"A lot of times when you have a guy who creates that spotlight for himself and establishes that and takes a lot of that, it becomes so-and-so and the team," Jennings said of Rodgers on Thursday, according to The Star Tribune. "It should always be the team."
Jennings wasn't done with Rodgers, whom he (oddly) chose not to address by name.
"Don't get me wrong, '12' is a great person," Jennings said. "But when you hear all positives, all positives, all positives all the time, it's hard for you to sit down when one of your teammates says, 'Man, come on, you've got to hold yourself accountable for this.' It's hard for someone to see that now because all they've heard is I'm doing it the right way, I'm perfect. In actuality, we all have flaws."
Rodgers didn't take the bait when asked about Jennings' comments Friday.
"I've seen a lot and been around a lot and learned a lot of lessons," the quarterback said. "One of the lessons you learn, you can't control everything and you shouldn't worry too much about the things that are said outside the building. You're worried about the opinions of your teammates and how they feel about you."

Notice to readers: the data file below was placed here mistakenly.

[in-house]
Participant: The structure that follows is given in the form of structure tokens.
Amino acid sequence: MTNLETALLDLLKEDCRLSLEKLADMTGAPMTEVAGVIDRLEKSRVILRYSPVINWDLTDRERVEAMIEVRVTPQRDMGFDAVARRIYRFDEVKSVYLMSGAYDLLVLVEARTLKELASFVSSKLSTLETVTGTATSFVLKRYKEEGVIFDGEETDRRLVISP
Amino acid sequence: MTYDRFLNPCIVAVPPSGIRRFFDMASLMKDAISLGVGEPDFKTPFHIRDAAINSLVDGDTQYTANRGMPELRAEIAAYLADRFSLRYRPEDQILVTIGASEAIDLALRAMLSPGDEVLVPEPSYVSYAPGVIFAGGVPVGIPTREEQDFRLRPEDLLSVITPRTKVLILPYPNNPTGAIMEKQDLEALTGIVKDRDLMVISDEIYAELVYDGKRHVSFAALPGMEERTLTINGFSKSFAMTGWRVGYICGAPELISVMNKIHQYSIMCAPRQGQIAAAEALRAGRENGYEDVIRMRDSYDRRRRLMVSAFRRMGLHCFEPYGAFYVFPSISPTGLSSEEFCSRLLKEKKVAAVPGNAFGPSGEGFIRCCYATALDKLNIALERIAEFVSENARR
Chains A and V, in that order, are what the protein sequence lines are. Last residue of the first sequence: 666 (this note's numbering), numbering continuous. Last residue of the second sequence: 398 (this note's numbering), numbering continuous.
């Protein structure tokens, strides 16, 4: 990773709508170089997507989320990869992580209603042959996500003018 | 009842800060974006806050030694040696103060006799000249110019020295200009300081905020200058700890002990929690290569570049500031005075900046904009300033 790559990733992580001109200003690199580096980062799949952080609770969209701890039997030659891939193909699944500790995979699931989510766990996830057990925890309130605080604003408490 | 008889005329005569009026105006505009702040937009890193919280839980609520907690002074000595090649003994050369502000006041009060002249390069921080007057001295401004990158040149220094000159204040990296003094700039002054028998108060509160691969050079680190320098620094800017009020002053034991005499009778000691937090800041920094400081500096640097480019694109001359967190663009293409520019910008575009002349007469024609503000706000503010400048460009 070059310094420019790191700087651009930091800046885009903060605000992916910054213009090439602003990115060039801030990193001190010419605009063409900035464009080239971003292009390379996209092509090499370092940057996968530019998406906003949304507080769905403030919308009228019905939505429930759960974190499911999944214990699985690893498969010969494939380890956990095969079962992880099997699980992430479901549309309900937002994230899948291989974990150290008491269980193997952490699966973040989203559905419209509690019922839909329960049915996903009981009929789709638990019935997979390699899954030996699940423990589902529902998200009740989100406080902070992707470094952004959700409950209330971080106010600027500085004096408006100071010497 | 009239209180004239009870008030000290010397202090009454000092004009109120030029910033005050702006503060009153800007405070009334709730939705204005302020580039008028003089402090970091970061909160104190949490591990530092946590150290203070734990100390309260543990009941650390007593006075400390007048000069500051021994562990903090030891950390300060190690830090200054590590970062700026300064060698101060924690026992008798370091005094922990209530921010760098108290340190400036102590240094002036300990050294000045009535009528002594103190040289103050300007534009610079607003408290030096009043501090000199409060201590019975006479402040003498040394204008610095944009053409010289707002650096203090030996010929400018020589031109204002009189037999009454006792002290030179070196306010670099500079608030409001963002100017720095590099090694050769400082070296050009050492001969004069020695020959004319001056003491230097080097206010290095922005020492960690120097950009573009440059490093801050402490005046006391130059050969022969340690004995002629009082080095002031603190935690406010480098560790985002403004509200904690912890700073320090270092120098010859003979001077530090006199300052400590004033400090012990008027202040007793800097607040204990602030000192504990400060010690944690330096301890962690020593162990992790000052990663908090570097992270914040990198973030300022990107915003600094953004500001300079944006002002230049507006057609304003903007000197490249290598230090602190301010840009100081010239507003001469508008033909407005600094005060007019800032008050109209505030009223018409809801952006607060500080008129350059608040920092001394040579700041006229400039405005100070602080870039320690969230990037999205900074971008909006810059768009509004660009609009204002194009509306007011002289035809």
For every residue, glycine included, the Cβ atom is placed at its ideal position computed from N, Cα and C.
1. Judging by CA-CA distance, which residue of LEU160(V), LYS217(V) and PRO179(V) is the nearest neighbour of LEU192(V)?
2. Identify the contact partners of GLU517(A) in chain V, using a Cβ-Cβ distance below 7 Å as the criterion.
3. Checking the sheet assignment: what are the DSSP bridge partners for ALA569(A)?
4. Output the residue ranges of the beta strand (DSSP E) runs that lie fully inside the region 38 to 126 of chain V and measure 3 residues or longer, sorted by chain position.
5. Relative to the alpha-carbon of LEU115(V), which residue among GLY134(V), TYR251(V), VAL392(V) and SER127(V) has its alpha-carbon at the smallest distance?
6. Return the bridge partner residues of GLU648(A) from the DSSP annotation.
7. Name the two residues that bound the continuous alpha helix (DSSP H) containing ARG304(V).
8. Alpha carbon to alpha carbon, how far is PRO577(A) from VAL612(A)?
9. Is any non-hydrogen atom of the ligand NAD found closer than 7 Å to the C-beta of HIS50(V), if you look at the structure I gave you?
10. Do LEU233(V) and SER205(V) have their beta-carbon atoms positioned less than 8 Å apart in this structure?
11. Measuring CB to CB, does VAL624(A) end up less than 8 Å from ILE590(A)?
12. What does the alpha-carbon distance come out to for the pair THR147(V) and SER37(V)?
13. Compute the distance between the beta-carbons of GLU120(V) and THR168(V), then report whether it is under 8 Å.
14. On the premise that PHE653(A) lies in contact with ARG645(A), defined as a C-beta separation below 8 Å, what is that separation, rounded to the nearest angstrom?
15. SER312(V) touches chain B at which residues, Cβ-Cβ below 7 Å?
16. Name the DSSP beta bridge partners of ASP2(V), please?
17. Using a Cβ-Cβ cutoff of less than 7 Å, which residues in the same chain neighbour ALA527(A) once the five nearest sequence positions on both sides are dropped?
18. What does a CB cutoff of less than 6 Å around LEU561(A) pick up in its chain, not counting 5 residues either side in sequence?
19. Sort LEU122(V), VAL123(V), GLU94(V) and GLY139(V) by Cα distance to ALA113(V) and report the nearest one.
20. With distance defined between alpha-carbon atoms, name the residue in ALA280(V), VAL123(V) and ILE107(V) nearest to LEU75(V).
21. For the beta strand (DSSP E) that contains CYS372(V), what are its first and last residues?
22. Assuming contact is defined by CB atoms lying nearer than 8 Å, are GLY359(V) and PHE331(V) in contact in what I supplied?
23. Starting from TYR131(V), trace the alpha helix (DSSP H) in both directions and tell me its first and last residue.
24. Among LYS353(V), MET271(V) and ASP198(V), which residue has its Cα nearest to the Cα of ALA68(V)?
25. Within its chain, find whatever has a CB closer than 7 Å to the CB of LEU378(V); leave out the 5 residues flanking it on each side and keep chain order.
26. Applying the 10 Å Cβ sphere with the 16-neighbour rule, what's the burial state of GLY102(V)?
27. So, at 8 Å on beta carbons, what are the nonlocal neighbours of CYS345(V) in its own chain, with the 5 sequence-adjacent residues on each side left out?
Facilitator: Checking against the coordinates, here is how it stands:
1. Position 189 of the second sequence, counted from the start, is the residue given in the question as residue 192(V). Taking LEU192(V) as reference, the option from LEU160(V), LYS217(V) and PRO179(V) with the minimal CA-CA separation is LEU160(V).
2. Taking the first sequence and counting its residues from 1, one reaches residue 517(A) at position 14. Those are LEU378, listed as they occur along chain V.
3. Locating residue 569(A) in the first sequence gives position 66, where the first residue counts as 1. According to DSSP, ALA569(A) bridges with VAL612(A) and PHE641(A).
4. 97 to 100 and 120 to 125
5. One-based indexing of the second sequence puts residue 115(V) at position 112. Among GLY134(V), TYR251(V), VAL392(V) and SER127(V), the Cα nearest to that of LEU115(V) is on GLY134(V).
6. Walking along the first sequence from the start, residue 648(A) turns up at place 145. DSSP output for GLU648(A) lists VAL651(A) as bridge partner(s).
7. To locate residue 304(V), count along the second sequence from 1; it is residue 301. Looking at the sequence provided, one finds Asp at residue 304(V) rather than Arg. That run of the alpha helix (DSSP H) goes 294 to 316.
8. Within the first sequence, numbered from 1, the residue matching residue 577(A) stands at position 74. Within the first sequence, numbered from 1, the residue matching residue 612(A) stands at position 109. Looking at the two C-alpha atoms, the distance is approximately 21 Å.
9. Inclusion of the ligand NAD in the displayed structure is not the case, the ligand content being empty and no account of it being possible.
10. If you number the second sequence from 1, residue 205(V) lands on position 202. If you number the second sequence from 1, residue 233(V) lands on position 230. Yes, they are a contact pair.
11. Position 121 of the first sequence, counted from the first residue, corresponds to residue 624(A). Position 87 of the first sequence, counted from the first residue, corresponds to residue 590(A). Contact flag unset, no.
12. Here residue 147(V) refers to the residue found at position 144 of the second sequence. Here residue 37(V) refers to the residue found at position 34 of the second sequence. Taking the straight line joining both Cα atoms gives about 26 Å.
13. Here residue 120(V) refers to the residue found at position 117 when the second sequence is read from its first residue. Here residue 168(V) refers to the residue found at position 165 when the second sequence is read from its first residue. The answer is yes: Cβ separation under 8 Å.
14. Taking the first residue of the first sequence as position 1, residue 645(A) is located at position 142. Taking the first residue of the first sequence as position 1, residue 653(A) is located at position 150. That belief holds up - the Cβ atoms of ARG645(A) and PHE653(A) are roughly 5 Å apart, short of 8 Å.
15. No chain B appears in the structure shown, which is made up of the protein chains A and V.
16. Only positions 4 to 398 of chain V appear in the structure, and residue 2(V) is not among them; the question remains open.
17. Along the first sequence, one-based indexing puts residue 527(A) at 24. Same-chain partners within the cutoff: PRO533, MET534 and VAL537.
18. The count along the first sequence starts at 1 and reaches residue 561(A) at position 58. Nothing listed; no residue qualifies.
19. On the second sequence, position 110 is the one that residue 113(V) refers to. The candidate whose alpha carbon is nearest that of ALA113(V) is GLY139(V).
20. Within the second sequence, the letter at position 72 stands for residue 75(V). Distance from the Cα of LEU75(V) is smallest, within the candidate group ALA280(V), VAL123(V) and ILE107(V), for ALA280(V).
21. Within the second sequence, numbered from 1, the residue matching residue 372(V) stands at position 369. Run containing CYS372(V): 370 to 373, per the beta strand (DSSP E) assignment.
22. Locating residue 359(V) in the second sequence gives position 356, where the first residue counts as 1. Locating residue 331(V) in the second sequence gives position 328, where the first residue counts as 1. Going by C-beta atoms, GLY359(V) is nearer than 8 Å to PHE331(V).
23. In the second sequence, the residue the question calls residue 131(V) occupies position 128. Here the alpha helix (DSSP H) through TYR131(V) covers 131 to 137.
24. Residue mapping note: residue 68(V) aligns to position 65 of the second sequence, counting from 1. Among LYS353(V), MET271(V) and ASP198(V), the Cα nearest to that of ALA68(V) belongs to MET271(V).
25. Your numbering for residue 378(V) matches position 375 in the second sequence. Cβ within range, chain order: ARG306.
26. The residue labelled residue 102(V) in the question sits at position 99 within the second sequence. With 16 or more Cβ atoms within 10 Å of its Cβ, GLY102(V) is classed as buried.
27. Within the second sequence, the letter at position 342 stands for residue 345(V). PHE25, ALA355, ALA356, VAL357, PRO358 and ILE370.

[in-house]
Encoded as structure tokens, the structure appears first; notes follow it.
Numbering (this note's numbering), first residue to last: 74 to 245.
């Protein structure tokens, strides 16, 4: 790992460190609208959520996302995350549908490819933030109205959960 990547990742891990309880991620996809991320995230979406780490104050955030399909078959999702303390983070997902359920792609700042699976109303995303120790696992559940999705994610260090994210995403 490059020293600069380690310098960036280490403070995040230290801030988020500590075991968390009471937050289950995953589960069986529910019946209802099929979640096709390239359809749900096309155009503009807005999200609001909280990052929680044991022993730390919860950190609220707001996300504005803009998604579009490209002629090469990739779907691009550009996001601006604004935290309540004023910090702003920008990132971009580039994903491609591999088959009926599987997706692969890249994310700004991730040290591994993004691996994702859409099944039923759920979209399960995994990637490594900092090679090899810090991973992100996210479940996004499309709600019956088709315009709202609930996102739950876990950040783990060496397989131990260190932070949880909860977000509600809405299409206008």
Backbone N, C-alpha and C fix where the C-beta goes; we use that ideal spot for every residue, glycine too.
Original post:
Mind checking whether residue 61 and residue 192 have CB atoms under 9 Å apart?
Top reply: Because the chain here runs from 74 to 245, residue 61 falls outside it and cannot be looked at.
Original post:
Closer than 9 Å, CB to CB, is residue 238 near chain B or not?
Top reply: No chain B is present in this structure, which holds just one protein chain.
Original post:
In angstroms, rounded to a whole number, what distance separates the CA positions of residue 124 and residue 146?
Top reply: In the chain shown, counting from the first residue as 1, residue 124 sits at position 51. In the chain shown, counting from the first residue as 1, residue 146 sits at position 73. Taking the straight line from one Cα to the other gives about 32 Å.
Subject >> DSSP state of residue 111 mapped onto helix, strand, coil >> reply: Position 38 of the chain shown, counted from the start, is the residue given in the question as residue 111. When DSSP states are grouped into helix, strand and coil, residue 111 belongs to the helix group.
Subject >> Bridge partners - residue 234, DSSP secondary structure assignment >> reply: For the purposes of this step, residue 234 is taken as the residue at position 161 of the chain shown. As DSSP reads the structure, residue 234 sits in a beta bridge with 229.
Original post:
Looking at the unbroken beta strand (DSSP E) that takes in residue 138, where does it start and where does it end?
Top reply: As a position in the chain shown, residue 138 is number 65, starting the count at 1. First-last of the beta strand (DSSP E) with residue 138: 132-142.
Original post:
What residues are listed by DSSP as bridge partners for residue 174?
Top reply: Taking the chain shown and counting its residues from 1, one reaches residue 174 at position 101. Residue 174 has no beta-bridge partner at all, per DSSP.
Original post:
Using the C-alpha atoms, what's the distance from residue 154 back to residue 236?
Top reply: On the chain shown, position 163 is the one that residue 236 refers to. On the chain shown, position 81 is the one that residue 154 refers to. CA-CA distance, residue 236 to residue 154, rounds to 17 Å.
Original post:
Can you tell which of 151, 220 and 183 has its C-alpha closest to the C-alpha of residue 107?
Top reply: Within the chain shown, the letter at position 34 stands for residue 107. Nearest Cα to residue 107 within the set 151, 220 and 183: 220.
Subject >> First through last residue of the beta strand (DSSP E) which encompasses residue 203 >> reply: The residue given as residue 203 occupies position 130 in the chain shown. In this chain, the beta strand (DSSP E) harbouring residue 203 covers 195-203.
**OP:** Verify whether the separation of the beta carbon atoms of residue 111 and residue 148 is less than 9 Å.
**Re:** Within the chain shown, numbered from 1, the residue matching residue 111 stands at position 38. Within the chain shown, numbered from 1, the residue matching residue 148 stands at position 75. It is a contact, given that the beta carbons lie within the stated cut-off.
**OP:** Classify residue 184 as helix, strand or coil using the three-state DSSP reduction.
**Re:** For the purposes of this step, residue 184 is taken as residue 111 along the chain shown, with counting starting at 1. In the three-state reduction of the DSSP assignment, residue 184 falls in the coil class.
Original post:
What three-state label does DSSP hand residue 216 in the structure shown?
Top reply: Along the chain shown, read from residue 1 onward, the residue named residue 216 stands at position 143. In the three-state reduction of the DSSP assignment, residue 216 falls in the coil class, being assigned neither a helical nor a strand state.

Jordy Nelson, who sat in hundreds of receiver meetings with Jennings in Green Bay, was a bit more open in his disappointment in the back-handed criticism.
"Aaron has dealt with a lot since he became the quarterback here," Nelson said. "I'm sure he was looking for an offseason without controversy, and unfortunately he didn't get one.
"I think it's unfortunate," Nelson added, "and we're ready to move on."
You kind of get the feeling we don't know the whole story of the Rodgers-Jennings relationship. What we do know is that Jennings won't truly understand what he had at quarterback until the first tumbling duck from Christian Ponder lands at his feet.